I have reviewed, tested, studied, asked, and analyzed the many facets of whole house air leakage.  I am still somewhat unsure what constitutes a respectable level of air leakage to a home.  Newer homes built to higher standards are not a problem but when you get into older homes with varying degrees of air leakage depending on when they were built and by whom presents some interesting situations.  The recommended rates of leakage on older homes do not present the same situation as new homes as there are many areas of the home which are not accessible and to properly be able to reduce the leakage to ASHRAE guidelines would mean in many cases a major teardown and reconstruction to be able to seal the leakage to the "standards".  In addition, many of these homes were built on the premise that the leakage would keep the wood and structure dry, minimizing those types of problems.

If you have suggestions, references and guidelines, please let me know.  Thank you for your input. 

Roy Sakamoto

Views: 578

Reply to This

Replies to This Discussion

This jives with my experience trying to air seal a very small house - lots of caulk and foam and not much of a result (only a few hundred CFM after several hours of work).  Bigger homes seem easier to reduce in my experience.

This is definitely worth investigating if you are an air sealer and are forced to use the ACH50 metric.

First look at a 1500 ft2 ranch on a slab at 50'X30' with an 8' ceiling.  It has a volume of 12,000 ft3, and a surface area, all-in, of 4280 ft2.  If we divide the surface area by the volume, we get .36 - this is a measure of the number of square feet represented by each cubic foot of volume.

Then look at 3000 ft2 2-story on a basement at 50'X30' with 9' ceilings above grade.  It has a volume of 39,000 ft3 and a surface area of 7160 ft2.  Divide the surface area by the volume and we get .18.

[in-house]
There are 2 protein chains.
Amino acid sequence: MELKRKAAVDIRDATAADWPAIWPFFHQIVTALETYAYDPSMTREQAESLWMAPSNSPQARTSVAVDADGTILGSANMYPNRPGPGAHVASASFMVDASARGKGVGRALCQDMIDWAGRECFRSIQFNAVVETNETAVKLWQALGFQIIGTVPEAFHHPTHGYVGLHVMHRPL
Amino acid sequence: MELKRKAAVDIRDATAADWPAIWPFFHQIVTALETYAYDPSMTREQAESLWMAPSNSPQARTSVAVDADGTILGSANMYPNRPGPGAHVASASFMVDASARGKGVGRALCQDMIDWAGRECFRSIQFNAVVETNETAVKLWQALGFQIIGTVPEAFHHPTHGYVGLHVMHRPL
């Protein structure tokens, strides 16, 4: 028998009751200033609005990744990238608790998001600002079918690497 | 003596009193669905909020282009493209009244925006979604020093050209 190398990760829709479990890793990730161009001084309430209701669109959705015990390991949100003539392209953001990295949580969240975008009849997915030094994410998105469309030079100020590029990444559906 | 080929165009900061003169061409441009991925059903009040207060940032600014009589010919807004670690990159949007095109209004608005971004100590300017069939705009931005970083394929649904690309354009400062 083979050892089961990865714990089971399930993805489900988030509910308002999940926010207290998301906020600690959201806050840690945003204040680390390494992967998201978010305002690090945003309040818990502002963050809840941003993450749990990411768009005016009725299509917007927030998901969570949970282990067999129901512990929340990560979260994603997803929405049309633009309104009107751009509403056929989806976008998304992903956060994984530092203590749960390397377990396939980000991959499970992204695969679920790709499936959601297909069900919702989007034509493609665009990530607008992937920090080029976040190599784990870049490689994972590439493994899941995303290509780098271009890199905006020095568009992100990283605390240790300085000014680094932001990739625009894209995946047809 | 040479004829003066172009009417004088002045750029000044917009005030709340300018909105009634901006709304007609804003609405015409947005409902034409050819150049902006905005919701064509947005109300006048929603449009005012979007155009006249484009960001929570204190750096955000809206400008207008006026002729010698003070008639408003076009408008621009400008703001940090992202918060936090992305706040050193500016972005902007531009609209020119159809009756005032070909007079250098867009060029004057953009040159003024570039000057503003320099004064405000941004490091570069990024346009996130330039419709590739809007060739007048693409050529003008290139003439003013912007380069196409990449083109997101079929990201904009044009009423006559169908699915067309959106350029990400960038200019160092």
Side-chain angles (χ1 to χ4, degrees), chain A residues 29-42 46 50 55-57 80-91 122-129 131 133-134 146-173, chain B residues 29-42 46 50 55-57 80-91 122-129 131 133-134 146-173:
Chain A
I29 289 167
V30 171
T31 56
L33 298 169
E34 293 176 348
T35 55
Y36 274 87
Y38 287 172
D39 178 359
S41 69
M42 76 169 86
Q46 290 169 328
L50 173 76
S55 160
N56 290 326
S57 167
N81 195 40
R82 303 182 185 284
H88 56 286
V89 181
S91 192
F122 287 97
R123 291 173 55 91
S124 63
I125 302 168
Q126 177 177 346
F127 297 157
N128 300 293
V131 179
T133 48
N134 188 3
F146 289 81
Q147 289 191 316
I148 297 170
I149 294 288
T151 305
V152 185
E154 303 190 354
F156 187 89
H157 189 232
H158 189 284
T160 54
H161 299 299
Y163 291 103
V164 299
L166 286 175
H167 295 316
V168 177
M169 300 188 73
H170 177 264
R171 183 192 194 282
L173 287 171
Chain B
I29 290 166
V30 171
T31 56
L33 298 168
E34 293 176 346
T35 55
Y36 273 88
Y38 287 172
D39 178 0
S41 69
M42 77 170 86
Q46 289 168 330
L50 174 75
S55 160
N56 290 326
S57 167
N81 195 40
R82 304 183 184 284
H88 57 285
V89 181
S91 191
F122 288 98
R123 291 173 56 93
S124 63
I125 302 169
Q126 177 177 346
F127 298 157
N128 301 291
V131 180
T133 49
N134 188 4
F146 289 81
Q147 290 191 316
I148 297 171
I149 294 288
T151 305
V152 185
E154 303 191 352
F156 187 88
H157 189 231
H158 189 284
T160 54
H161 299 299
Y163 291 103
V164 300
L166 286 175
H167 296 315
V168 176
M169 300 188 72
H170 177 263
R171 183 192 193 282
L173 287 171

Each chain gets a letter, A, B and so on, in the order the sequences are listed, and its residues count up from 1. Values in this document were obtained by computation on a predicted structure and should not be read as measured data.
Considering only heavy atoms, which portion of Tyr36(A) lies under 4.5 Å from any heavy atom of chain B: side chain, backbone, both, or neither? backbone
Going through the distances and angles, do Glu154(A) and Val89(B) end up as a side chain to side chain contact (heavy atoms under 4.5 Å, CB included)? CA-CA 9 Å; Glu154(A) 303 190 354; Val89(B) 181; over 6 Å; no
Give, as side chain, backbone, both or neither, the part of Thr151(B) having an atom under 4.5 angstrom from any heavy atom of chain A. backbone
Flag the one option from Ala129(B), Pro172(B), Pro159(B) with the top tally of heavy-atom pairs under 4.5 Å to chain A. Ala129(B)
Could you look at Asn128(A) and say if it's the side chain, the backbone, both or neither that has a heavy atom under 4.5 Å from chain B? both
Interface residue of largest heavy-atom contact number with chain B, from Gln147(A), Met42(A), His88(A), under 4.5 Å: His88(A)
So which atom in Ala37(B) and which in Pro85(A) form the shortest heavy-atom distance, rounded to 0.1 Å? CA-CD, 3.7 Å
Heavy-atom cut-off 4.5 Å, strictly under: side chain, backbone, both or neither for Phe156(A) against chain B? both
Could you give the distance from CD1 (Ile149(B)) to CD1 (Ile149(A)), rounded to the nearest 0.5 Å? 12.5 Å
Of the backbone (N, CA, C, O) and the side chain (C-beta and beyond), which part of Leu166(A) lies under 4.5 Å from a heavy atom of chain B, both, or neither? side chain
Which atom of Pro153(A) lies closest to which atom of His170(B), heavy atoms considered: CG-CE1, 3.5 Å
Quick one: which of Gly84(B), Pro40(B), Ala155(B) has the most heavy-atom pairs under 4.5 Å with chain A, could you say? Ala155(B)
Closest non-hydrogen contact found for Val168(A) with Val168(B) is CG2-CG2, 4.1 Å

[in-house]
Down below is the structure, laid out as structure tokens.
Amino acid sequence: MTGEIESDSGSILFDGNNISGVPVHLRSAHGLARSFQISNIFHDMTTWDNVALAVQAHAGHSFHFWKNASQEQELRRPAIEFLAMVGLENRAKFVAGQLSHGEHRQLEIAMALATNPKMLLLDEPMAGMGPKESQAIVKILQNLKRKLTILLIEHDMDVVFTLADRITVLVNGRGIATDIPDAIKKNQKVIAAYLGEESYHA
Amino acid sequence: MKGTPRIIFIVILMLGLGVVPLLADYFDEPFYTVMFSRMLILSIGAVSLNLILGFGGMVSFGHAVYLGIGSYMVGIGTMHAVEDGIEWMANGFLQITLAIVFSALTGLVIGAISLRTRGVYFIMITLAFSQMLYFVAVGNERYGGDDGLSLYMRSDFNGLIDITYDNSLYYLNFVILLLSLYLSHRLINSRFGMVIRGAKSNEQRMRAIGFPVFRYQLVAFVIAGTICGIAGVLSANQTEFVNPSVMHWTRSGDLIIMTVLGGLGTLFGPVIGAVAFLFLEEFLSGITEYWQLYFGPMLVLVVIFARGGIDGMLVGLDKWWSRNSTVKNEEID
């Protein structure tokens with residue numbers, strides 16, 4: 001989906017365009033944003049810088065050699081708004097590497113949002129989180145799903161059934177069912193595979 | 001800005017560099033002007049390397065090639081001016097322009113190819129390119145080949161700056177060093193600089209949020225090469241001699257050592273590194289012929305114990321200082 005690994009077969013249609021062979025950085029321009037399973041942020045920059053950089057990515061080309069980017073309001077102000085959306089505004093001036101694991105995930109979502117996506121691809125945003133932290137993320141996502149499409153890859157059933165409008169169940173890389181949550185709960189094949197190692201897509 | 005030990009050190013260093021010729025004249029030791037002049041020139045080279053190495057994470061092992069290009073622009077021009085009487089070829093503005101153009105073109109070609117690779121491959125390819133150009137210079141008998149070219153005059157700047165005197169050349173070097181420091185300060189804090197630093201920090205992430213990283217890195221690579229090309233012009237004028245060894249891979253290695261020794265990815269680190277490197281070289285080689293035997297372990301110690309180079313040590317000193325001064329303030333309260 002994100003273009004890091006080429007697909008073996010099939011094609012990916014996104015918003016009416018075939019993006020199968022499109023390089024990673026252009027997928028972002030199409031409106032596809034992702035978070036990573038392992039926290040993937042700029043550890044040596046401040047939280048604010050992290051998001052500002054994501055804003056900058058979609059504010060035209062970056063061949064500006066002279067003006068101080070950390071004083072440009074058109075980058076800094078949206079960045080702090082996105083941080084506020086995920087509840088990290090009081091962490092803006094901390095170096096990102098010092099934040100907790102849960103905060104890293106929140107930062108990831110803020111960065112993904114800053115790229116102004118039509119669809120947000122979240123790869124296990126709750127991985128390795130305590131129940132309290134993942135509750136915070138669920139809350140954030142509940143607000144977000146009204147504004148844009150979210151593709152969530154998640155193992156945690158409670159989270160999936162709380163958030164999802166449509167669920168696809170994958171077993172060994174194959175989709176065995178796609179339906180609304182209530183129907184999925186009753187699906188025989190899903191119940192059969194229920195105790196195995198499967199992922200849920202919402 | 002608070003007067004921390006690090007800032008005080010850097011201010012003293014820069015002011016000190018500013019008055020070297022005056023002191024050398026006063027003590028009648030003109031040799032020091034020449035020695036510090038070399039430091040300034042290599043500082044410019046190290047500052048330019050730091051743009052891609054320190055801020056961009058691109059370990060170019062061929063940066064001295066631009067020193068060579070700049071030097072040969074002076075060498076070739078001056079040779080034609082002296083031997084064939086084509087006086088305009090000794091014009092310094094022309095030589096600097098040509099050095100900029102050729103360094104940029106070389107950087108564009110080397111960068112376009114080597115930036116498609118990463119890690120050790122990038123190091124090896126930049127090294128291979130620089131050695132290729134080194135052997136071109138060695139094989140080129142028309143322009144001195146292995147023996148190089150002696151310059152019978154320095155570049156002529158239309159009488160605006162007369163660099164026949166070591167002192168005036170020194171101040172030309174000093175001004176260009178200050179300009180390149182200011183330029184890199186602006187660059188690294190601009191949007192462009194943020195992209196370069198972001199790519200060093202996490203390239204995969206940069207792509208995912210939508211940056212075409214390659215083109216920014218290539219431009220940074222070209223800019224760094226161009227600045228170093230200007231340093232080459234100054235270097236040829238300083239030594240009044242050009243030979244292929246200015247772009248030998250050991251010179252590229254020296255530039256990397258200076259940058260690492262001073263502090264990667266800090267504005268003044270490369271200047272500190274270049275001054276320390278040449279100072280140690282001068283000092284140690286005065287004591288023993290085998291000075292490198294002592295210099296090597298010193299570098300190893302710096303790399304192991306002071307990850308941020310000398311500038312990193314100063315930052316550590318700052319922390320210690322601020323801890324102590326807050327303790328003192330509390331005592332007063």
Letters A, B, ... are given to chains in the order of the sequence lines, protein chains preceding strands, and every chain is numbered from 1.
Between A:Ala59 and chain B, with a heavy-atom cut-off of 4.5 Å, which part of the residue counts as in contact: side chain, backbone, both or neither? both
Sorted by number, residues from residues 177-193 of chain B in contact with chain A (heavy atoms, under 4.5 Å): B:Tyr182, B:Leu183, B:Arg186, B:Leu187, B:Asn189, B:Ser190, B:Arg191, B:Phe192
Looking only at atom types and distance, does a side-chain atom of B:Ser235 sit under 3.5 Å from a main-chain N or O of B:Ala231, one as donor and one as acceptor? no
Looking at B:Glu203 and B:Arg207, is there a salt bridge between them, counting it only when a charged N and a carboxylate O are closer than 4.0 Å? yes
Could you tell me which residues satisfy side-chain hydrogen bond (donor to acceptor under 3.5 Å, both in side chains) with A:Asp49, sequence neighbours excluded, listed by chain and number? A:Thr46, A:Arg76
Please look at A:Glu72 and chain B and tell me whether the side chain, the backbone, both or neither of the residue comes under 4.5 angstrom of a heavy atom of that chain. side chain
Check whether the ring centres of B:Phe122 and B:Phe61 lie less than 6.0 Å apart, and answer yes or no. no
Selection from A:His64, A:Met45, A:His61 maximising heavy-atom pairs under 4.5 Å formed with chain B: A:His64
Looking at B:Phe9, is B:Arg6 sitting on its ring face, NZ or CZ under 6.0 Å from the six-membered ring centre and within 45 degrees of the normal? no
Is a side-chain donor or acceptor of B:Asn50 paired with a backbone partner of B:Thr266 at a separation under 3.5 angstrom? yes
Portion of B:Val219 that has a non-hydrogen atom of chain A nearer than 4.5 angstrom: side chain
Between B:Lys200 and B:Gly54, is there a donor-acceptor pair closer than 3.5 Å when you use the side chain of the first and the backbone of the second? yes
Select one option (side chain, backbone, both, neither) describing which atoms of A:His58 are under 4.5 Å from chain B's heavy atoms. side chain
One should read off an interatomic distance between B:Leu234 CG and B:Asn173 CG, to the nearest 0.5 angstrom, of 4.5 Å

So each cubic foot of the volume of the big house represents twice as much surface square footage as it does in the small house.  To reach the same 3 ACH50, each square foot of the smaller house must be 2 X as tight as the ones on the big house.  Or the way I like to phrase it, each square foot of the bigger house is allowed to by twice as leaky as that on the small house.

You can do the same exercise with that small house on a basement, with a house that is "U" shaped, with a long rectangle, with a square, etc.  And you can even see that the big house with 8' ceilings instead of 9' has a ratio of .19 - so just raising the ceiling a foot gives you a 5%+ advantage on the final air leakage number!

In MD that has had the '12 code for a year and 9 months, just last week I spoke with the head inspector of one of the counties.  He told me they still have a 30-40% failure rate and they are all houses under 2000 ft2.

Wrong metric.  

Hope we aren't hijacking the thread, but this applies to old houses as well as new.

RSS

Home Energy Pros

Home Energy Pros was founded by the developers of Home Energy Saver Pro (sponsored by the U.S. Department of Energy,) and brought to you in partnership with Home Energy magazine.

Latest Activity

Bob Blanchette replied to w d's discussion Managing Solar Energy
"Look into passive solar heating. The south windows have enough overhang that the windows are shaded…"
12 hours ago
Steve Waclo commented on Kaplan Clean Tech's blog post The Difference Between Home Inspection and Energy Auditing [Infographic]
"Excellent graphic summary but I don't agree Home Inspectors also check energy use. I believe…"
yesterday
Steve Waclo replied to Linda Wigington's discussion Low-cost electricity monitoring: Accuracy & Applications in the group 1000 Home Challenge
""The problem with plug in energy testers is they miss most of a typical homes energy use. 240v…"
yesterday
w d posted a discussion

Managing Solar Energy

What's the state of the art on managing solar energy (esp. at the home)?There's surely no…See More
yesterday
Bud Poll posted a discussion

Inconsistant Local Authotity

It becomes frustrating to give people modern advice and then have to backtrack and tell them to do…See More
yesterday
Morgan Hunter replied to Isaiah Borel's discussion Blown Cellulose VS Blown Fiberglass in the Attic
"Up here In Canada Fibreglass wins hands down for heat loss! Check back 5, 10 & 20 years later…"
yesterday
Bob Blanchette replied to Linda Wigington's discussion Low-cost electricity monitoring: Accuracy & Applications in the group 1000 Home Challenge
"The problem with plug in energy testers is they miss most of a typical homes energy use. 240v…"
Saturday
Bob Blanchette joined David Eggleton's group
Thumbnail

1000 Home Challenge

Linda Wigington distinguished between deep retrofits & deep energy reductions, thus expanding…See More
Saturday

© 2014   Created by Lawrence Berkeley National Laboratory.

Badges  |  Report an Issue  |  Terms of Service